Stix's picture


I recall in the late seventies seeing many rabbits with myxomatosis, and in twenty years since nothing, until recently in Nottinghamshire and Lincolnshire. Is it just time for it to come back around, and is it contageous to other animals in the vicinity or preditors that may feed on them?



Gill Sinclair's picture


My understanding is that myxomatosis is specific to rabbits, indeed the disease affects the European rabbit Oryctolagus cuniculus in particular - other genuses like Sylvilagus are not affected in the same way.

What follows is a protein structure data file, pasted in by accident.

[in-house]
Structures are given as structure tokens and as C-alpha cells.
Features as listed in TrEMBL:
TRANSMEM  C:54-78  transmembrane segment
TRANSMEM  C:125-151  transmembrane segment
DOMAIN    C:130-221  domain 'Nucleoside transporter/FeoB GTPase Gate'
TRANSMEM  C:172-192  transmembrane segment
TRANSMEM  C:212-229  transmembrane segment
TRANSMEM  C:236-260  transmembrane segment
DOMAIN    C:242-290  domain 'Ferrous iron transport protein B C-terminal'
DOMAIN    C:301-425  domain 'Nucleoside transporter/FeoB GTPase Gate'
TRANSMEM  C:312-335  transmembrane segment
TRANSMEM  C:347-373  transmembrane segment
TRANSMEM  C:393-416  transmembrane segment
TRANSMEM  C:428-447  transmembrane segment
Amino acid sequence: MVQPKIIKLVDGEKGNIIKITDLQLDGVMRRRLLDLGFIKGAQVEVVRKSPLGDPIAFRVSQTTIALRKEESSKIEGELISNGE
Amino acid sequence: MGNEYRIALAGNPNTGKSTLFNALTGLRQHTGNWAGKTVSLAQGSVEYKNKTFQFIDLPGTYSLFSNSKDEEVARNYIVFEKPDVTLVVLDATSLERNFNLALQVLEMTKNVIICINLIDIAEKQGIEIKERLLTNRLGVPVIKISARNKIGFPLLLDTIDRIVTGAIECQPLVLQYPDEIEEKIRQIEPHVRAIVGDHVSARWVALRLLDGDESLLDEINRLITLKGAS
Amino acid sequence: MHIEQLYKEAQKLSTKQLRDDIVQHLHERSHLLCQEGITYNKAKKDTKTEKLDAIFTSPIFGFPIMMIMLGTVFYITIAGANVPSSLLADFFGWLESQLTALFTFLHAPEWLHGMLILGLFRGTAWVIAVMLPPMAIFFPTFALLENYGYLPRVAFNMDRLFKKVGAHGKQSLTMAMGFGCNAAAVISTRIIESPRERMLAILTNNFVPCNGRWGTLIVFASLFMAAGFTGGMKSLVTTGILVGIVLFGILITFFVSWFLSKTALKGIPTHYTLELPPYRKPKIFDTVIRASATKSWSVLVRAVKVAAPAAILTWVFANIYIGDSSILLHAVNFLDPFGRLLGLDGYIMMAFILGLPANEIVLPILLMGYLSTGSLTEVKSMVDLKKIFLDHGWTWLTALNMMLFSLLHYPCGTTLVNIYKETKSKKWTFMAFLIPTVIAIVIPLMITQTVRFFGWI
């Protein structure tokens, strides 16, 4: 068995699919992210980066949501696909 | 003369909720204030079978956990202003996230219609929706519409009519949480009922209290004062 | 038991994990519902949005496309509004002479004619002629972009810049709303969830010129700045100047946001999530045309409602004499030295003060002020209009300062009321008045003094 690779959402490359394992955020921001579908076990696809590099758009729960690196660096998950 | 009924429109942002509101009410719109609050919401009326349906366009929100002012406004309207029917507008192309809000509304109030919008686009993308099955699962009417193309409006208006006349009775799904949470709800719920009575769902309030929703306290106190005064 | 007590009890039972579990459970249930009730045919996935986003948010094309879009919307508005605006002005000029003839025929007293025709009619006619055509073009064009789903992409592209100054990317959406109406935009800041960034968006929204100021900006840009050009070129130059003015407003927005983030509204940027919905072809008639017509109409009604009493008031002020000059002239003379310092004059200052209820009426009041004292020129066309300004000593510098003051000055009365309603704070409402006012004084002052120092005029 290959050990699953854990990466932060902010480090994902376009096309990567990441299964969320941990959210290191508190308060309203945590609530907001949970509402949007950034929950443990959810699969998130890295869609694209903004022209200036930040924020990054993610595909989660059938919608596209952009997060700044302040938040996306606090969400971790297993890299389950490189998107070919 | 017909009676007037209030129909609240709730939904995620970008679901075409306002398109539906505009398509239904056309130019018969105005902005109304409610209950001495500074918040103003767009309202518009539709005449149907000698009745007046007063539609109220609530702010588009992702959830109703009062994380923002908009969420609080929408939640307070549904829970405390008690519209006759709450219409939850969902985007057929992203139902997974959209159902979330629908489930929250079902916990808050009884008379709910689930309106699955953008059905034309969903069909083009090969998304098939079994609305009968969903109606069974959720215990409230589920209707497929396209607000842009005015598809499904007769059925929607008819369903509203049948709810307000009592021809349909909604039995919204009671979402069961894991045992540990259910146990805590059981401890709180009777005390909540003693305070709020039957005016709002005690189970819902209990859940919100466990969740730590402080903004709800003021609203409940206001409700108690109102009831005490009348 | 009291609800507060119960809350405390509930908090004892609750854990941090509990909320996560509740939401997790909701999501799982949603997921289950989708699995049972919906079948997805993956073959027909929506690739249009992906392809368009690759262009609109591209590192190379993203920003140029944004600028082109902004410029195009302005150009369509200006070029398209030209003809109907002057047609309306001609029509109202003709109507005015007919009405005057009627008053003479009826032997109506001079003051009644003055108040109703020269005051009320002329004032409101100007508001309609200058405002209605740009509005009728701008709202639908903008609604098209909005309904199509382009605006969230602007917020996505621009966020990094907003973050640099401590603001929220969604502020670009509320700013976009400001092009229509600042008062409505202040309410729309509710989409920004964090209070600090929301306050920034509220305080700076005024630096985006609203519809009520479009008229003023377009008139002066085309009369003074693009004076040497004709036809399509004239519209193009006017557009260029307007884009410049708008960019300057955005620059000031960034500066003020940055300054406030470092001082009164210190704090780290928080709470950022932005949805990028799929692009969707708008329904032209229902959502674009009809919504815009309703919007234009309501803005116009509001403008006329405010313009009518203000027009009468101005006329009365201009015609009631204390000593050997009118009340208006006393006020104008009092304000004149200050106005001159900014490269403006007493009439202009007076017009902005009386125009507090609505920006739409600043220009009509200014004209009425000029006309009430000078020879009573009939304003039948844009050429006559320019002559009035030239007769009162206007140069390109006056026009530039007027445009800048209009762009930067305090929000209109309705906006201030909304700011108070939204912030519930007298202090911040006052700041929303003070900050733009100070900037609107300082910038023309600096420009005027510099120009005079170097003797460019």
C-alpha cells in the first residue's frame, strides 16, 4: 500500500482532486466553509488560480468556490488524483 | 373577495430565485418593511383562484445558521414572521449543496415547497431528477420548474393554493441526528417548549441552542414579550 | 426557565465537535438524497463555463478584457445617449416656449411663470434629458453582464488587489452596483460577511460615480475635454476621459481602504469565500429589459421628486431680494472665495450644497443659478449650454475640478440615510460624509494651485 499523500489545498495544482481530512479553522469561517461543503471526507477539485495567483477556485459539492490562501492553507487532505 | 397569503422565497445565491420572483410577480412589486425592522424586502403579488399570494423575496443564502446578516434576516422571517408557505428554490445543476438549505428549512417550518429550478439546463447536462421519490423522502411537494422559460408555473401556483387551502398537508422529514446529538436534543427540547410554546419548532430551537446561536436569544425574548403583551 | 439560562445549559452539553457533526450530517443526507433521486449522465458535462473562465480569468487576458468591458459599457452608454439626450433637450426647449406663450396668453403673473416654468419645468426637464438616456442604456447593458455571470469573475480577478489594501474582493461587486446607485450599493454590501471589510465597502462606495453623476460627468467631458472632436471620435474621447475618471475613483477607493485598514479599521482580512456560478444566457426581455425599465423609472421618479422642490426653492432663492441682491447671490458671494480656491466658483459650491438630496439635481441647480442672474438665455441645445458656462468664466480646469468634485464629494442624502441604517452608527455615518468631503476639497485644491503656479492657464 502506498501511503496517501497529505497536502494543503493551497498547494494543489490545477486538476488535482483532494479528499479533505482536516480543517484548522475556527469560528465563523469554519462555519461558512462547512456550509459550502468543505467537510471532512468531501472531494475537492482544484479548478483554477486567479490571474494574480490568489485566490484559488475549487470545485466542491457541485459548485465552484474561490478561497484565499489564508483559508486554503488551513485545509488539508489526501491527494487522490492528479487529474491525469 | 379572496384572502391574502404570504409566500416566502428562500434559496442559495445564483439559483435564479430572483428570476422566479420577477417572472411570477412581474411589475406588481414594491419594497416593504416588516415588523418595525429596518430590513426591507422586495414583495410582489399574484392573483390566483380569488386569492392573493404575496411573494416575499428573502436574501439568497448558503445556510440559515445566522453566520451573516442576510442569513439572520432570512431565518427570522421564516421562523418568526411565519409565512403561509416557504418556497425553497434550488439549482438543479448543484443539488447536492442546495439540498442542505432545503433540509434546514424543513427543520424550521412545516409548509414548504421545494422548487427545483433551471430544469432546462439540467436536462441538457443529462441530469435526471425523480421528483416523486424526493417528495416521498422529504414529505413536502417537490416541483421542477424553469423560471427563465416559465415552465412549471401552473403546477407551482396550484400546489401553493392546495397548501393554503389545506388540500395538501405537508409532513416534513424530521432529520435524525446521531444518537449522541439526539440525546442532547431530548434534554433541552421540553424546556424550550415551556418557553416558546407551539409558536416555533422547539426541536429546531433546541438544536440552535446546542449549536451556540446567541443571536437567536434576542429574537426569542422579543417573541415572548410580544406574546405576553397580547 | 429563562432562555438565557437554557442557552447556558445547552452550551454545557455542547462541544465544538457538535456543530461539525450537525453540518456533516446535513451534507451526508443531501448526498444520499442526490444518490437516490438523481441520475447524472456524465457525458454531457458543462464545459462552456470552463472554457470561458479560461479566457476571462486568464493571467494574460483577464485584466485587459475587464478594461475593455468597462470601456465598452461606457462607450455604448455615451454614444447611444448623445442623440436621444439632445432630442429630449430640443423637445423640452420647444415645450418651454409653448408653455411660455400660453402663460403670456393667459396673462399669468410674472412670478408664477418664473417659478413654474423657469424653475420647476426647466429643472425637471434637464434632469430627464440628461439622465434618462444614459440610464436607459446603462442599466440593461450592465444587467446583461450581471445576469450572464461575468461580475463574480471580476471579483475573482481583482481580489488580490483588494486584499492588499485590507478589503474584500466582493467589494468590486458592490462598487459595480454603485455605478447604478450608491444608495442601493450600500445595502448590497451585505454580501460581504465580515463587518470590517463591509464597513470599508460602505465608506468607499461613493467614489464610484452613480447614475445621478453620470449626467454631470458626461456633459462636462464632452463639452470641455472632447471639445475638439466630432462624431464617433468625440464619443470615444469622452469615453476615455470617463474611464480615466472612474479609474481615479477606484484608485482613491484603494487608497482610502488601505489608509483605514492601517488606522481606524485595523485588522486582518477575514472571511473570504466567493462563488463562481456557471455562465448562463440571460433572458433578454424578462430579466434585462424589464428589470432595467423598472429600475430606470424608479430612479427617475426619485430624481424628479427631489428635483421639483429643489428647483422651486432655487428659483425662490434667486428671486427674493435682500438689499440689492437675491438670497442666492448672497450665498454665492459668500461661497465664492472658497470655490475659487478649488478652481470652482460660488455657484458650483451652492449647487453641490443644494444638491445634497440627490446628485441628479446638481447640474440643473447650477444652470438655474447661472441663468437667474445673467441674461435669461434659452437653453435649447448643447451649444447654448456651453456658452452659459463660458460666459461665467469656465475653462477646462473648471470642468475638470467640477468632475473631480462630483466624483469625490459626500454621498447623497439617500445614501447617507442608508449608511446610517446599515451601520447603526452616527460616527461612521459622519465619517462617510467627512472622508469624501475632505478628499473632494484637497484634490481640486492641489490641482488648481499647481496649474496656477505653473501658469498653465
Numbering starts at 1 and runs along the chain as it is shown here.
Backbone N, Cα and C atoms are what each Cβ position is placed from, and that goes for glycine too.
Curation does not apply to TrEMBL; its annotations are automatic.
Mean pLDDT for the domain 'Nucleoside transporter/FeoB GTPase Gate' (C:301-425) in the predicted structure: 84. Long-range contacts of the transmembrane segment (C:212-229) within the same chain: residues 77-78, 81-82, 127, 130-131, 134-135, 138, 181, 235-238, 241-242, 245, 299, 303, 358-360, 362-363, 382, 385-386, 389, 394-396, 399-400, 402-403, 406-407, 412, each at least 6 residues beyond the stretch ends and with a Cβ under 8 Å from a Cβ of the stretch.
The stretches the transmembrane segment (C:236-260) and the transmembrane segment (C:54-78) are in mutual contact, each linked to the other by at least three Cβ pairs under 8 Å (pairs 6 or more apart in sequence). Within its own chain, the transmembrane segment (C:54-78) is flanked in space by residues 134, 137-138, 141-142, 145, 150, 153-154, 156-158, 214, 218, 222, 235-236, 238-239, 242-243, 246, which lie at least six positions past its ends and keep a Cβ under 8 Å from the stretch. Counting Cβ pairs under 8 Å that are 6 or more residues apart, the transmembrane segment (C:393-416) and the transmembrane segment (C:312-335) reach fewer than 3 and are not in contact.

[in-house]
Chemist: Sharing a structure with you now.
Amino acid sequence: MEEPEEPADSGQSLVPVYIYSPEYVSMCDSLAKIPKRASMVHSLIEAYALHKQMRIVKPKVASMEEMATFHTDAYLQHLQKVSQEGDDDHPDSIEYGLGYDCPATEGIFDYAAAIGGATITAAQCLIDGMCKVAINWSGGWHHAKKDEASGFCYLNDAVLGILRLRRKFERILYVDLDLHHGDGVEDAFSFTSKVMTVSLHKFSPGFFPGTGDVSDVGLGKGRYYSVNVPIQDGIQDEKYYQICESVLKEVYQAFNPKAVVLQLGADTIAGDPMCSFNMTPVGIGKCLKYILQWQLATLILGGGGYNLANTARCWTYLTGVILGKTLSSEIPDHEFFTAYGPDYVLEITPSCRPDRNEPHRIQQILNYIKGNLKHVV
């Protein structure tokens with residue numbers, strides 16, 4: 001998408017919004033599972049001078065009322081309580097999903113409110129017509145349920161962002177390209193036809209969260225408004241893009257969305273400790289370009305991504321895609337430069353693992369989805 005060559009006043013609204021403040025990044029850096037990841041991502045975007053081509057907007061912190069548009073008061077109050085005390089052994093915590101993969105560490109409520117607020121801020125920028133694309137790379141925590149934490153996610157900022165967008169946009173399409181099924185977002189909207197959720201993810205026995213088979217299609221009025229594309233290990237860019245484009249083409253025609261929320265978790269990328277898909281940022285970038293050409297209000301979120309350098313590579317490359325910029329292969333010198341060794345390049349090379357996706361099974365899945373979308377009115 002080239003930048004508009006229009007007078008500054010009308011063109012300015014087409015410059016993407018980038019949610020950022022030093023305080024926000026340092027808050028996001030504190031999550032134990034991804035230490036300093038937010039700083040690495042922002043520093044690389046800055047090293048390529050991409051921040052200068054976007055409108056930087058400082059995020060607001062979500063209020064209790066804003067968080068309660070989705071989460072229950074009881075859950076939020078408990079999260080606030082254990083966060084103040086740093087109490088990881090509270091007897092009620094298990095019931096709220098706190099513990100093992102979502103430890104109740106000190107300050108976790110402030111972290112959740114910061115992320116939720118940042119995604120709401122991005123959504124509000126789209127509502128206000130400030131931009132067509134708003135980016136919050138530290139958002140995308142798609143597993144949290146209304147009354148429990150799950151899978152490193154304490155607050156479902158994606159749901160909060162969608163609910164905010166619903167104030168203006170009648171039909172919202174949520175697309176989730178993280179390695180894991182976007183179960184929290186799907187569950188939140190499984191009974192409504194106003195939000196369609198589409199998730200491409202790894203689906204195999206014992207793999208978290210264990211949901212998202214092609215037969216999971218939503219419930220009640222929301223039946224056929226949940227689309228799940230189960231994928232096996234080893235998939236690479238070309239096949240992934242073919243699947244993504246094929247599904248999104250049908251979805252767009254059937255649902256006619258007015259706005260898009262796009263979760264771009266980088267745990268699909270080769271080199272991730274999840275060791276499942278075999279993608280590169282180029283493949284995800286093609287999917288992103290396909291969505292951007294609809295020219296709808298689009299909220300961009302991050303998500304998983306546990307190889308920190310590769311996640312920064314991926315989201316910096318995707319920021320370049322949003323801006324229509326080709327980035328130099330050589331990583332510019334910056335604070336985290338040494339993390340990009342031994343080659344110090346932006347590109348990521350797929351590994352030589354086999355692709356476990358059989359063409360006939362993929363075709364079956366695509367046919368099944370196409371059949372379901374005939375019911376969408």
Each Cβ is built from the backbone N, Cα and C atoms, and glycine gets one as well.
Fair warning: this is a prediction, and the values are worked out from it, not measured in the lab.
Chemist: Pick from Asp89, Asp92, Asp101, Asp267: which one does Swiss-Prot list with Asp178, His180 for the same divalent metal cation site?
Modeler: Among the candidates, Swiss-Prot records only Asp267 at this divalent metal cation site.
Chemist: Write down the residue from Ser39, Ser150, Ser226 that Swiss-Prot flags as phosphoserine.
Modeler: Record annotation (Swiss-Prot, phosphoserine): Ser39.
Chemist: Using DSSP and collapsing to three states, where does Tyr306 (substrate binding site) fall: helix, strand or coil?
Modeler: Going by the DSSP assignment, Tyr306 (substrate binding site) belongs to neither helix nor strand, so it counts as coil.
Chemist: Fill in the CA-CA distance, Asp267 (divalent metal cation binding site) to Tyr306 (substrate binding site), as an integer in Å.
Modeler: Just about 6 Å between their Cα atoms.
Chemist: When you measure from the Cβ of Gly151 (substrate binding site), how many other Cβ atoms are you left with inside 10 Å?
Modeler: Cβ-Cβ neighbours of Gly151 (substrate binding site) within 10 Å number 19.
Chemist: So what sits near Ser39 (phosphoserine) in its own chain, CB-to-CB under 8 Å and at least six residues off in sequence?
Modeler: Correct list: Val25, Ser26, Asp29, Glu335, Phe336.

Other wild animals can be indirectly impacted through loss of food supply (eg. the Iberian lynx), but not through contracting the disease.
Myxomatosis does come in waves because of the resistance built up by some individuals who survive each outbreak, although I have to say that in my part of the world (East Yorkshire) the cycle seems to be much shorter than 20 years - I'd guess at every 3 or 4 years but I may be wrong.

Gill Sinclair
OU Certificate in Contemporary Science
Twitter @Gill_Sinclair

anonymous spotter's picture

Gill is right -

that the "periodicity" of the disease is much shorter than 20 years.
What probably happens is analogous to influenza in humans: every so often a particularly virulent form evolves, and the mortality rate goes up for a while. Then, as the survivors breed, numbers pick up again.
Unlike flu, though, it's also right to say that it doesn't seem to affect other species.